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The Daily Wildcat

The Daily Wildcat


Cheerleaders fly with Marines

UA cheerleaders pose triumphantly with Capt. Rick Birt (center) at the Tucson Jet Center after taking turns flying the King Air 200 on Thursday, Sept 30.
UA cheerleaders pose triumphantly with Capt. Rick Birt (center) at the Tucson Jet Center after taking turns flying the King Air 200 on Thursday, Sept 30.

Six UA cheerleaders exchange easy conversation and off-color jokes as the King Air 200 slowly taxis down the runway behind the Tucson Jet Center. The engine gradually gets louder and the cramped cabin becomes stifled with heat and excitement.

“”This thing is like a flying sauna,”” said Chris Beadles, a chemistry sophomore and UA cheerleader.

The cheerleaders are there as part of the Marine Corps Flight Orientation Program, an event allowing college students the chance to fly for free with the help of a Marine Corps pilot.

Capt. Johnny Luevano is the Tucson selection officer and liaisons with area schools to find potential candidates for the Marine Officer Program, a collaborative effort between the UA and the Marine Corps to provide students with the option to enter the officer program. He called the UA his number one priority school and said there are 40 to 50 candidates on campus this year.  

“”We provide students with the opportunity to get a commission as a second lieutenant,”” Luevano said. “”They can go through the program and decide whether they want to sign on for active duty afterwards.””

While today’s passengers are not involved in the officer program, Luevano said most of the program’s best candidates come from similar athletic organizations and clubs on campus.

“”It just seems like a natural fit,”” Luevano said. “”The big part of our program is physical fitness — it’s a really, really tough and physically demanding course — you have to make the mental commitment to fitness. If you’re working out already, then that’s not too big of a change.””

Capt. Rick Birt, aviator assistant for Officer Procurement,  is flying the UA students today, just as he has twice a year for the past three years.

“”(To land this job) you either have to be lucky, you have to know somebody or you have to bribe somebody,”” Birt said. “”And I have two of those.””

Birt said that this experience, though costly, is an ideal way to appeal to students who are considering becoming pilots one day.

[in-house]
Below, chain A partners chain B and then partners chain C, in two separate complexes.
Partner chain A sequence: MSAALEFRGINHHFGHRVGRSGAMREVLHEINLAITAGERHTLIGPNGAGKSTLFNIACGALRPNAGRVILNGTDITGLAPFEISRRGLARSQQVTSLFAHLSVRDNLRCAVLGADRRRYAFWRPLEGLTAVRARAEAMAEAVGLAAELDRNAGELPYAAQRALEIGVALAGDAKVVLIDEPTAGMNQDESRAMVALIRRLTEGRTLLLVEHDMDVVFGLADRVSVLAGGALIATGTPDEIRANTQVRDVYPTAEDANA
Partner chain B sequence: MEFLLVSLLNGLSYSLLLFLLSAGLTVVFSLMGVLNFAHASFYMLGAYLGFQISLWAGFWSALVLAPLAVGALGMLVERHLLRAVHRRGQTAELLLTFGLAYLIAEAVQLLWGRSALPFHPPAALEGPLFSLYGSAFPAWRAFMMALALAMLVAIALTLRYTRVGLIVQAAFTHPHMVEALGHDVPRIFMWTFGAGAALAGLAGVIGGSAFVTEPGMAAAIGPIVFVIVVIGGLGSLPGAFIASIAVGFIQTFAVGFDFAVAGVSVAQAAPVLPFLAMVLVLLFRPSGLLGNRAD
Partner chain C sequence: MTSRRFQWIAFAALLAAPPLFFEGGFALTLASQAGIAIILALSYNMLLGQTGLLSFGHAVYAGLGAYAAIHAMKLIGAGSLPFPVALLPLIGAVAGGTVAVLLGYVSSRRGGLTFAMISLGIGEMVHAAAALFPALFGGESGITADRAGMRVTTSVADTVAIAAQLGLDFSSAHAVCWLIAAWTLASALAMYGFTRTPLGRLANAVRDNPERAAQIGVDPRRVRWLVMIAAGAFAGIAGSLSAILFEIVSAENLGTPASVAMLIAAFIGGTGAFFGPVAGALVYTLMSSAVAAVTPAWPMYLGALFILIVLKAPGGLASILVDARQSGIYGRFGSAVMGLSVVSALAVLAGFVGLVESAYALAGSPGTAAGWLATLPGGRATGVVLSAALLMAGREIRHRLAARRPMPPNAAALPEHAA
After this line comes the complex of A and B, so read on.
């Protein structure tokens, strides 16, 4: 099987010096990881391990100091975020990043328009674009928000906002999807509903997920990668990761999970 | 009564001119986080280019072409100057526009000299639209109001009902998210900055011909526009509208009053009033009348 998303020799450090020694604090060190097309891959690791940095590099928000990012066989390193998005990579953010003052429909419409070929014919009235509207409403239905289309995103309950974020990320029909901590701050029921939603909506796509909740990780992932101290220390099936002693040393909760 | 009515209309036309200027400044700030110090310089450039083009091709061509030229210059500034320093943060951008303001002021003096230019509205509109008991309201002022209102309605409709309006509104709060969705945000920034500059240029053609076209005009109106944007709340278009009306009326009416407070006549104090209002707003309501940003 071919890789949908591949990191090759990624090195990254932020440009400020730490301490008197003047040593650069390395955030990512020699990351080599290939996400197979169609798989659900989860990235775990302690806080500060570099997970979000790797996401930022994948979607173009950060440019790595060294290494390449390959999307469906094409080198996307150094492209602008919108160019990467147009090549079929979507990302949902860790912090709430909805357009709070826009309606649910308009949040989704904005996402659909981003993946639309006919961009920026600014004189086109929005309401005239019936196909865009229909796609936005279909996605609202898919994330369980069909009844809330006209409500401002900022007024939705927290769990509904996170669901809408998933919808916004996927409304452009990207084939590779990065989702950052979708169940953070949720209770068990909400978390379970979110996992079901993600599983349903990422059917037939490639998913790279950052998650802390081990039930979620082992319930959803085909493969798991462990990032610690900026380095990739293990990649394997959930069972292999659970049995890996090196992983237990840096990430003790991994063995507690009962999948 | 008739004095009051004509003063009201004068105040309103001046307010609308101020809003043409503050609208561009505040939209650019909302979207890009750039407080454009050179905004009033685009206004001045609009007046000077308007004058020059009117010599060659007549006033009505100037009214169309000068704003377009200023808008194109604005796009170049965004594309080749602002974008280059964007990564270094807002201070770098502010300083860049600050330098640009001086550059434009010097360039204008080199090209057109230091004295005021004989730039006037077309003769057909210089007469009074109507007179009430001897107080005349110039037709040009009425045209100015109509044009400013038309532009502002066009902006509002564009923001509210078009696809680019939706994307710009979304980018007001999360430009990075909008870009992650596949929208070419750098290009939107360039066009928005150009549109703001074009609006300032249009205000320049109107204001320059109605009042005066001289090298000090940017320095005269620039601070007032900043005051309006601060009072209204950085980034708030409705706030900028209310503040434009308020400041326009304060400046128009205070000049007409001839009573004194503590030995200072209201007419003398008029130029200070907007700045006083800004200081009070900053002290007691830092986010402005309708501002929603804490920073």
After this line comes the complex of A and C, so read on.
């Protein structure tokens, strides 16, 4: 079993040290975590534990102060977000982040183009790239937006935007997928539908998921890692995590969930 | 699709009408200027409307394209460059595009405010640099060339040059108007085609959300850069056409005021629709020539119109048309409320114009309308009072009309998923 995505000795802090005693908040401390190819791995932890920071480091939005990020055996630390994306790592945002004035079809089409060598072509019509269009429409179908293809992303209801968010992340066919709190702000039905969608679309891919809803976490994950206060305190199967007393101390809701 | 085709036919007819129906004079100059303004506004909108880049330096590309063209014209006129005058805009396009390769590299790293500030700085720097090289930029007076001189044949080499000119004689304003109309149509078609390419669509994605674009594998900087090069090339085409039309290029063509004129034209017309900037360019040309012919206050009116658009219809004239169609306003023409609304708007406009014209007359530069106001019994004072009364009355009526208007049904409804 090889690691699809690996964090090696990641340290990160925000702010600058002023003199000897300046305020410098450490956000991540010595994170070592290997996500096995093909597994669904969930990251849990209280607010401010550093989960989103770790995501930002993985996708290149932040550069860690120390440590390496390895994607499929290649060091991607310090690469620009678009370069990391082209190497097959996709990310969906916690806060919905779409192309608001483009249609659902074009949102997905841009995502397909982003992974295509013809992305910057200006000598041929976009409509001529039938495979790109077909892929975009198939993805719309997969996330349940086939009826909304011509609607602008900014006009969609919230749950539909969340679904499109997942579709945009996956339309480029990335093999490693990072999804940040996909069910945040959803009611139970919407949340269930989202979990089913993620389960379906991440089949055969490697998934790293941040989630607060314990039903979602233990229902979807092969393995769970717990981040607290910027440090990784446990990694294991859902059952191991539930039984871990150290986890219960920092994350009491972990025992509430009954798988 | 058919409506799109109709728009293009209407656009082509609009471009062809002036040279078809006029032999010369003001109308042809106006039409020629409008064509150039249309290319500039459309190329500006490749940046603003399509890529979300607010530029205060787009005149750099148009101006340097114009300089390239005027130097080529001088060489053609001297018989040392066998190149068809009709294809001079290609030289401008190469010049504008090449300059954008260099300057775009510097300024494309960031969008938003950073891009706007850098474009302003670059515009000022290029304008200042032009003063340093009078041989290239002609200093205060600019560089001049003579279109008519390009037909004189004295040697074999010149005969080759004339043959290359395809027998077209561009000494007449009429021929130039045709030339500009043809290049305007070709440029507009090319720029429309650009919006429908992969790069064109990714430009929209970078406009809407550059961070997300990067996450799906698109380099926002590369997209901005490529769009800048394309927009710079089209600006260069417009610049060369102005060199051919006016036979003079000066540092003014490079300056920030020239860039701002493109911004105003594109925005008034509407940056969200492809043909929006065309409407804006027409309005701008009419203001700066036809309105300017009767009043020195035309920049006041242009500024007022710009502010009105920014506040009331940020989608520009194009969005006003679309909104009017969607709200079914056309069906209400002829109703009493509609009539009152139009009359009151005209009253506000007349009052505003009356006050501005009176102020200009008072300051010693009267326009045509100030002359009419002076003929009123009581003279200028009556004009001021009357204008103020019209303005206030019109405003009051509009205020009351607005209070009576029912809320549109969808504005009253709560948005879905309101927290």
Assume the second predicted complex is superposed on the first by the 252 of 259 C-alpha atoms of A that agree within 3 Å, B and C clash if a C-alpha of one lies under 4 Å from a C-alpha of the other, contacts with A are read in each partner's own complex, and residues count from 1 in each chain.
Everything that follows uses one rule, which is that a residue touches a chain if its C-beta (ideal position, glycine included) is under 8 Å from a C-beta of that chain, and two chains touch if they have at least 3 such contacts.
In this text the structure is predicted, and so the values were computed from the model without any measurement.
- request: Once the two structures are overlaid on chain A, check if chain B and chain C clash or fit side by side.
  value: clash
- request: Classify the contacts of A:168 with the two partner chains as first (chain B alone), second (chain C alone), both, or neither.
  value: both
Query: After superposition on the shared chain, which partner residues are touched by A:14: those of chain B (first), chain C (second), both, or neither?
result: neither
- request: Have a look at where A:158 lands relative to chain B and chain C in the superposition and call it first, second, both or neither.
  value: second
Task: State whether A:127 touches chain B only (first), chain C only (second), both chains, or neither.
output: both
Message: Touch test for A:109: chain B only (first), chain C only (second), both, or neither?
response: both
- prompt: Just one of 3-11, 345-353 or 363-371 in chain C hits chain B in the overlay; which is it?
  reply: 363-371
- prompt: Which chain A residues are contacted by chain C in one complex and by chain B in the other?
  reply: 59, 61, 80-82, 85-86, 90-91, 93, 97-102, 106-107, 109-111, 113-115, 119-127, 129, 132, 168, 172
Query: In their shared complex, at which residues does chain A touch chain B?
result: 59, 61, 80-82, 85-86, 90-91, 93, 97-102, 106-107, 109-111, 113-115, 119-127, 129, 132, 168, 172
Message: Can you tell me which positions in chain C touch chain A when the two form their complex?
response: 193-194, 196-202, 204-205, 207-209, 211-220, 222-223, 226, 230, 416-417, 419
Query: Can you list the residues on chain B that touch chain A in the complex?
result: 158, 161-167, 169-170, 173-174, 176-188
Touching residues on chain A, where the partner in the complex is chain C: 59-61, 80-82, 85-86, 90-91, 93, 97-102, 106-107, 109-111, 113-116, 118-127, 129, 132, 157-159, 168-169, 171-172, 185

“”What better way to see if it’s really for you than to experience it?”” Birt asked. “”There’s no better substitute to experience.””  

As the cheerleaders relax, the plane shoots violently upward in takeoff, startling all aboard. One passenger, physiology senior Xavier Vazquez, compares it to “”Superman: The Escape,”” a roller coaster at the Six Flags Magic Mountain theme park in California.   

Five of the passengers are in the usual seating area of the plane, but UA cheerleader Amariz Mendoza, a sophomore majoring in business and economics, sits in the copilot’s seat. After the plane levels off, Mendoza takes the controls.

“”Please don’t kill us,”” Vazquez said in a soft undertone.

The plane suddenly shoots upward and executes a barrel roll, much to the excitement of everyone onboard.

“”They really need to give us some more warning before they do that again,”” Vazquez said.

“”That’s part of the fun is not knowing,”” said Ramon Murillo, a senior studying Spanish and economics and UA cheerleader.

All of the cheerleaders took their turn at the wheel alongside Birt, executing simple turns as their comrades provided commentary and critiqued how smooth their maneuvers were.

Emma Garner, a sophomore majoring in family studies and human development and UA cheerleader, took her turn next, apologizing with every jolt and bump that rocked the plane.

“”What if I just cranked it up, like as hard as I could?”” Jordan Benes, a psychology sophomore and UA cheerleader, asked. “”Would you guys be mad?””

“”Uh, yes,”” said Vazquez, who had never been on a plane until his freshman year of college.

Benes didn’t make good on his threat, executing several uneventful bank turns.

“”That was pretty smooth, huh?”” Benes asked, winking, upon returning to his seat.

Benes, Murillo, and Beadles led the rallying cry for Birt to perform another barrel roll, and Benes used a cell phone to record the inside of the cockpit as the plane spun completely around.

After a smooth landing, Birt pulled off his headset, turned around and asked smiling “”So, who wants to be a Marine Corps pilot?””

“”We all do,”” the cheerleaders said.

Birt laughed. “”You all should,”” he said.

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